by Nilay Patel
March 30, 2012
Senator Al Franken
Senator Al Franken
gave a rousing speech
to the American Bar Association's Antitrust Section last night,
calling for greater antitrust oversight of large media and tech companies as
a way to ensure greater privacy protections for Americans.
That's not surprising by itself - Franken is the
chair of the new Senate subcommittee on
Privacy, Technology, and the Law,
after all - but the senator took the opportunity to blast Google for its
every incentive to share private data in the absence of meaningful
"You are not their client. You are their
Franken opened by talking about his opposition
to both the
NBC/Comcast merger and the
failed AT&T/T-Mobile deal, but he was
most blunt about the privacy threat facing internet users every day.
Consumers are "out on a limb when it comes to
legal protections" for personal information, said Franken, who lamented that
the protections citizens have against government intrusion against privacy
don't apply to corporations.
The Fourth Amendment doesn't apply to corporations.
The Freedom of Information Act doesn't
apply to Silicon Valley. And you can't impeach Google if it breaks its
"Don't be evil" campaign pledge.
Franken went on to say that simply relying on the market to protect against
gross violations of privacy is fine in theory, but that companies like
Facebook have become so dominant that the market itself is
"What we're seeing is that, just like
Americans' pocketbooks and access to information, their right to privacy
can be a casualty of anti-competitive practices," said Franken.
"When a company is able to establish a
dominant market position, consumers lose meaningful choices."
"The more dominant these companies become,
the less incentive they have to respect your
The Senator most specifically made reference to
information from across its suite of services to target ads to users.
"The more dominant these companies become
over the sectors in which they operate, the less incentive they have to
respect your privacy," he said, noting that if you don't want Google to
create a "some kind of super profile... you will have to find a search
engine that's comparable to Google. Not easy."
If you want a free email service that doesn't
use your words to target ads to you, you'll have to figure out how to port
years and years of Gmail messages somewhere else, which is about as easy as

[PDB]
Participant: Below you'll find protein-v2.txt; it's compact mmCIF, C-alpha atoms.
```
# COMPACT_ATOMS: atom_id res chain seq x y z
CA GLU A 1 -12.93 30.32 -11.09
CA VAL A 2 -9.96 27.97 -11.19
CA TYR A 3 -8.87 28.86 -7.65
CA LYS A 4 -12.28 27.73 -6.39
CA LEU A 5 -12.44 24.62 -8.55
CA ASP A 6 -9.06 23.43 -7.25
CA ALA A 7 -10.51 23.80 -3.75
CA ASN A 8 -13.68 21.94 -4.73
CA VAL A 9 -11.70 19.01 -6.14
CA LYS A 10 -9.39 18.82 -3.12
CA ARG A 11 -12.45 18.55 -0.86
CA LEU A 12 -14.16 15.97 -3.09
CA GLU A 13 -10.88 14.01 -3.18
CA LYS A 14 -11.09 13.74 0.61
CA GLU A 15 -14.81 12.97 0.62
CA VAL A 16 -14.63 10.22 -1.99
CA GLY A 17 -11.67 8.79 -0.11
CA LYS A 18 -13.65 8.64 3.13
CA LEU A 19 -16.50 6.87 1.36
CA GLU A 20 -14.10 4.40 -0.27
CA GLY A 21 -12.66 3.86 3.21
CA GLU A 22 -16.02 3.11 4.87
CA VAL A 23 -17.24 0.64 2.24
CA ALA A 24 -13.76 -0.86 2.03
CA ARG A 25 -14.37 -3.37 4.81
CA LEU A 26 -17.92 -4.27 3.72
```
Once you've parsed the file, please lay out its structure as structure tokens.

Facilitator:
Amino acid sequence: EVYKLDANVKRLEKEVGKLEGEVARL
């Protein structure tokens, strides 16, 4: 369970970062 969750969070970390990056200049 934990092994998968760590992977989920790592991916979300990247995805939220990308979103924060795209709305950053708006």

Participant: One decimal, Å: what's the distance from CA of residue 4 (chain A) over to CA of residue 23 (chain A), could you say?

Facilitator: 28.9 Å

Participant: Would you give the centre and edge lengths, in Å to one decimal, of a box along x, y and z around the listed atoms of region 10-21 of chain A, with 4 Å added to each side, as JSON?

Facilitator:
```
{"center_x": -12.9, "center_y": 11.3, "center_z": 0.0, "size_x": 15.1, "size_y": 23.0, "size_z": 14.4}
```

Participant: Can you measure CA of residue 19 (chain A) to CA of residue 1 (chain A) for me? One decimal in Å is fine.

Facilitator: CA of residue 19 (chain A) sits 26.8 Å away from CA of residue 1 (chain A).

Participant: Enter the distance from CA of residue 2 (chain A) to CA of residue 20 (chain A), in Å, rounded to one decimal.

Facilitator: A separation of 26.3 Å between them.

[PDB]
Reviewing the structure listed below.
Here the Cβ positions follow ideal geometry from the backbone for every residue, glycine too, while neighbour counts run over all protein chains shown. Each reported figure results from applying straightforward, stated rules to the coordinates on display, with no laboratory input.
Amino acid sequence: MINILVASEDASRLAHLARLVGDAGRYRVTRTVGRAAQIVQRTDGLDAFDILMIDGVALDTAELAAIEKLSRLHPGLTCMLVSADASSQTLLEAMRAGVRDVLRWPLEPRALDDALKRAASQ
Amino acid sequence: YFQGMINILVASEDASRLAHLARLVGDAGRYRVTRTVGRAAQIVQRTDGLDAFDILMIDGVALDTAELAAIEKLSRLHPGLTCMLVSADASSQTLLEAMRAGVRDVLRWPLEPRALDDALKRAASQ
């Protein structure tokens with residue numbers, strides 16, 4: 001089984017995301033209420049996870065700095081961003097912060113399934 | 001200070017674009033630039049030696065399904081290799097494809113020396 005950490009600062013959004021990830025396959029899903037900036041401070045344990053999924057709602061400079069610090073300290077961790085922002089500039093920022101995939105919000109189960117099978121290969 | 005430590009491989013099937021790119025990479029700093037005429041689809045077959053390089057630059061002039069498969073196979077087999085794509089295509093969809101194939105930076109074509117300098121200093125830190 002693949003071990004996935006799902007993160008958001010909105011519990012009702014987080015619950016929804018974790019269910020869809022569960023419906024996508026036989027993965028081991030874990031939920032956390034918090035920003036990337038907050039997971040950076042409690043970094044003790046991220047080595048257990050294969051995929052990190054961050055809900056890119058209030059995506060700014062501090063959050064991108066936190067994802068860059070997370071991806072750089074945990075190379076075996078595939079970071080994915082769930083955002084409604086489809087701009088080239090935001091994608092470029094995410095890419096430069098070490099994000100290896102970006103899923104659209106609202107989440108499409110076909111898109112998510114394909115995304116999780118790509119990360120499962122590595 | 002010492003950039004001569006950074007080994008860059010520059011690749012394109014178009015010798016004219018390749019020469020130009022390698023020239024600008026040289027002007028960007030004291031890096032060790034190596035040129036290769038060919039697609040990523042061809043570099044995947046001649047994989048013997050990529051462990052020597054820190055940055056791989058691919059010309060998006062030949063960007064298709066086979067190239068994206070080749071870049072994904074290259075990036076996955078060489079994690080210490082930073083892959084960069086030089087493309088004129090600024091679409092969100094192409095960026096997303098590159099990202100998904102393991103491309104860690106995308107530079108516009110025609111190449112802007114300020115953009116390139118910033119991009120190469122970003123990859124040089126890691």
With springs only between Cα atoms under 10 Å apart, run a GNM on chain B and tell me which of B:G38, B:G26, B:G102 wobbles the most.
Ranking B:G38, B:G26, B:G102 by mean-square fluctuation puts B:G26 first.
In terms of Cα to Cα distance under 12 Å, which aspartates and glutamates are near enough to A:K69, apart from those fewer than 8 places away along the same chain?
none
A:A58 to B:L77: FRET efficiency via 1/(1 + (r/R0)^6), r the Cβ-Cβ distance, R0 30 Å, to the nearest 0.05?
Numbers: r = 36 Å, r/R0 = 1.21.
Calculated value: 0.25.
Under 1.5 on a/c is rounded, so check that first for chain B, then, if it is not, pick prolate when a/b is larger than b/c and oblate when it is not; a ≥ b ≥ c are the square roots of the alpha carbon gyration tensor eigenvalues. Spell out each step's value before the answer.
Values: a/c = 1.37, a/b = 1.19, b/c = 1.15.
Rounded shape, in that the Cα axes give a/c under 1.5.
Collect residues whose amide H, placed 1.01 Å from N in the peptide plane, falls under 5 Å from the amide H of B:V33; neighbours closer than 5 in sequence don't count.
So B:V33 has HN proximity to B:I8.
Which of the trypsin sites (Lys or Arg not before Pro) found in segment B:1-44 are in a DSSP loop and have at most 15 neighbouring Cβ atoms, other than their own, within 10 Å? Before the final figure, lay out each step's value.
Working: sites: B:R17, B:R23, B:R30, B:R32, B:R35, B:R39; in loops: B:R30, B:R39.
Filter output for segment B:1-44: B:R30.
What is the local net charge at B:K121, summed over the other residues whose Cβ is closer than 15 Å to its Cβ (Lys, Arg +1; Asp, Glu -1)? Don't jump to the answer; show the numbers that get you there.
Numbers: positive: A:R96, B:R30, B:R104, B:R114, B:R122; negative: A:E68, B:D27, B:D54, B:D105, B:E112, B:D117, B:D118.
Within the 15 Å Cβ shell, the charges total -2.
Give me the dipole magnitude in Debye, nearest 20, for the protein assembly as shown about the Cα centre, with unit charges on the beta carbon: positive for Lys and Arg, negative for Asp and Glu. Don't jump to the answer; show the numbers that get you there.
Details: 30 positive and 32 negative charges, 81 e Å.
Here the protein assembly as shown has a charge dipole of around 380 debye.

developing your own free email service.
You might not like that Facebook shares your political opinions with
Politico, but are you really going to delete all the photos, all the posts,
all the connections - the presence you've spent years establishing on the
world's dominant social network?
Franken wasn't entirely negative, saying that Google and Facebook had
"amazing, innovative, helpful services," and
that "it isn't time for alarm bells yet," as "there are still some lines
Google and Facebook aren't planning to cross."
But Franken also cautioned that the lure of
crossing those lines would become greater as both companies become larger,
"essentially tremendously innovative and
profitable advertising companies" whose incentive to collect data is
held at bay only by slowly-fading market pressure.
That's a big problem if you care about privacy,
and it's a problem that the antitrust community should be talking about...
Shouldn't we be concerned that, as these
companies that trade in your personal information keep getting bigger and
bigger, they become less and less accountable?
Franken closed by saying that it's possible the AT&T/T-Mobile merger fight
had potentially opened the door to greater antitrust enforcement efforts on
the part of the government.
"Perhaps we're now at a point where we can
have a new conversation about antitrust in America," he said.
"We need to remain constantly vigilant to
ensure that big corporations aren't abusing their market positions -
especially in dynamic markets where technology is changing the playing
field at great speed and government regulators are struggling to keep